Paul Oliver came next in the main hall, a polished speaker whose sociological interest in records leads him to overstate the importance of the words - I'd argue his assertion that "Negro audiences listen to the words not the music." I left him and searched for Paul Vernon and his "Pre War Blues Obscurities." He seemed to have a fantastic collection of bottle-neck guitarists, but after a while they began to merge into each other, so that now my memory confuses Fred Sproule, Curley Weaver, Buddy Moss, Fred McMullen...

An irritating young American in shades chattered through Paul's records and talked about "Spade Music", so I left. I later discovered he was Nick Perls, to whom we're all grateful for his part in finding Son House and others. But I couldn't help wondering why he was interested.

Back in the Main Hall, James Hamilton, a dashing young man straight out of Charterhouse or some other Public School, did a nice disc-jockey show with Slim Harpo, Lightnin' Slim and other Jay Miller superstars before moving into another of Hiller's enterprises, called Rebel Yell (Reb-Rebel?) Records. This is a series of hillbilly records with disgusting lyrics which keep the Governor of Louisiana happy and which would probably start making the Hot 100 if Wallace makes it as President. The singers go by the names of Happy Fats, the Son of Mississippi and Johnny Rebel, and their songs range from attacks on niggers - "the only reason they go to school is to learn to write their names on welfare checks" - to long and remarkably boring situations which show how stupid niggers are.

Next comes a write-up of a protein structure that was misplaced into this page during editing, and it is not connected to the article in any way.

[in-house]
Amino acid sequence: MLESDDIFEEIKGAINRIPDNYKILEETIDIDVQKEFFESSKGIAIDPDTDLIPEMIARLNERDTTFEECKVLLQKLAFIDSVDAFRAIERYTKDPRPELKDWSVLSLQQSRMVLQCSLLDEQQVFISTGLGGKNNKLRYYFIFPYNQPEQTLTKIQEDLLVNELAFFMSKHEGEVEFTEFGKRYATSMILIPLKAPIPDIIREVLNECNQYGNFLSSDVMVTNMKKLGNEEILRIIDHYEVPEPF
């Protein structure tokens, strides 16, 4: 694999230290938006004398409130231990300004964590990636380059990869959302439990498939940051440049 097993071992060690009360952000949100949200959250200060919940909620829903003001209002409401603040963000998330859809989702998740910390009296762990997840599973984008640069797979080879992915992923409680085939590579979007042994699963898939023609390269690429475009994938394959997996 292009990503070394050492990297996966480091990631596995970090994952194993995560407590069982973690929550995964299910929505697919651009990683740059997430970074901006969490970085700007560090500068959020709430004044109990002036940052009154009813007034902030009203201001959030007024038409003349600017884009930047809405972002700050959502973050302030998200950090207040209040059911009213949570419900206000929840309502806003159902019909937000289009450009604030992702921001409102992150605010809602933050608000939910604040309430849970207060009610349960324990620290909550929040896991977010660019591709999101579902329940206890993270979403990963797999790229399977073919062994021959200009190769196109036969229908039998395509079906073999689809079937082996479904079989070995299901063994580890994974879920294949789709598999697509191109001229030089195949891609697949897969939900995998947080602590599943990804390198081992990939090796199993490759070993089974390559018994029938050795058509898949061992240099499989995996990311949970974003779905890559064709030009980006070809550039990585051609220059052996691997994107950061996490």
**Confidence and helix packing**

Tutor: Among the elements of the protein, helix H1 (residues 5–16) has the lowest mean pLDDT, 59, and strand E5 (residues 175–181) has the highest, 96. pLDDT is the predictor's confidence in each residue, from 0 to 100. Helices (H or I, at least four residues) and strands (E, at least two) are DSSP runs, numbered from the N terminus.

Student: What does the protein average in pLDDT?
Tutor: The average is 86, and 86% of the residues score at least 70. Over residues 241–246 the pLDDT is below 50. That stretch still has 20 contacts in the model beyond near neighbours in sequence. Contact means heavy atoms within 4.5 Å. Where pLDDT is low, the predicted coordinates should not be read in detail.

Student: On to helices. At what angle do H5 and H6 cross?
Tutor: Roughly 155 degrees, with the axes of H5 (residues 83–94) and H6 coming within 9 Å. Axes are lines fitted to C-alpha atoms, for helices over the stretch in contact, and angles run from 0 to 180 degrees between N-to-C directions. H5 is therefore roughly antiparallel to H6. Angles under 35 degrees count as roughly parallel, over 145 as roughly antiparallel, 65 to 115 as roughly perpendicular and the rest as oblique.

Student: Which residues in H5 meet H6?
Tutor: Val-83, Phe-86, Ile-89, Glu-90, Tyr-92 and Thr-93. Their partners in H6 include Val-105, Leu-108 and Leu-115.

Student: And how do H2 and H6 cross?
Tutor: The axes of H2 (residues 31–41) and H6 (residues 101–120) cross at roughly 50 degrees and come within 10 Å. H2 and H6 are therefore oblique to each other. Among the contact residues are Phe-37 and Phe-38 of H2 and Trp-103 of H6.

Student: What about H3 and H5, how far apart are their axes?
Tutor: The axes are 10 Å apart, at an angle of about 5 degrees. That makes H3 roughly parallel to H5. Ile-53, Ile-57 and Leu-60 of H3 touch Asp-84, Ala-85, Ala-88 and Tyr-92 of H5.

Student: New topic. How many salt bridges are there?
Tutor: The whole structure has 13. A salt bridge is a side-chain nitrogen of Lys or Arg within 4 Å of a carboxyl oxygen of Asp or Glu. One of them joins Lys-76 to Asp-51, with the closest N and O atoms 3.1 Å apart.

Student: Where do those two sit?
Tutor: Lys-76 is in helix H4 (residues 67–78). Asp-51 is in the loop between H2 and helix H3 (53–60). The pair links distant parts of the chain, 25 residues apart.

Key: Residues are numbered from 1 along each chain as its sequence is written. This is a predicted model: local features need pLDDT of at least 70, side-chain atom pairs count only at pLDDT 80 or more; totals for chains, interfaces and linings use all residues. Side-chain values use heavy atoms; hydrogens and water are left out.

By the end of an hour of this kind of thing, I was sick and ready to go home, but it was lunch time and the pub was only fifty yards away.

Later record recitals included an intriguing contrast in the styles of Blues Unlimited editors: Simon Napier serene and generous in his praise as he talked about the undervalued work of various pioneer post war country blues field workers; Mike Leadbitter seeming on the brink of departure to some private world as he amiably played a seemingly inexhaustible selection of cajun and zydeco records, of which only a grunting song by Nathan Abshire sticks in my memory. Will someone soon come out with a properly researched analysis of the social, family, regional, cultural, and environmental background of these two editors, and explain their differences?

Between the "BU Personalities" we had a predictably authoritative survey of female classic blues singers from Charles Fox, and a rather hesitant discussion by Mike Rowe of some Chicago blues records which were for me by far the most exciting of the weekend. A record by Baby Face Leroy and Little Walter seemed much more important than anything else we’ve heard. Robert Nighthawk, Big Boy Spires .and Elmore James (the Meteor version of "Dust My Broom") were almost as good.

(For reasons beyond my control I missed the David Evans recital )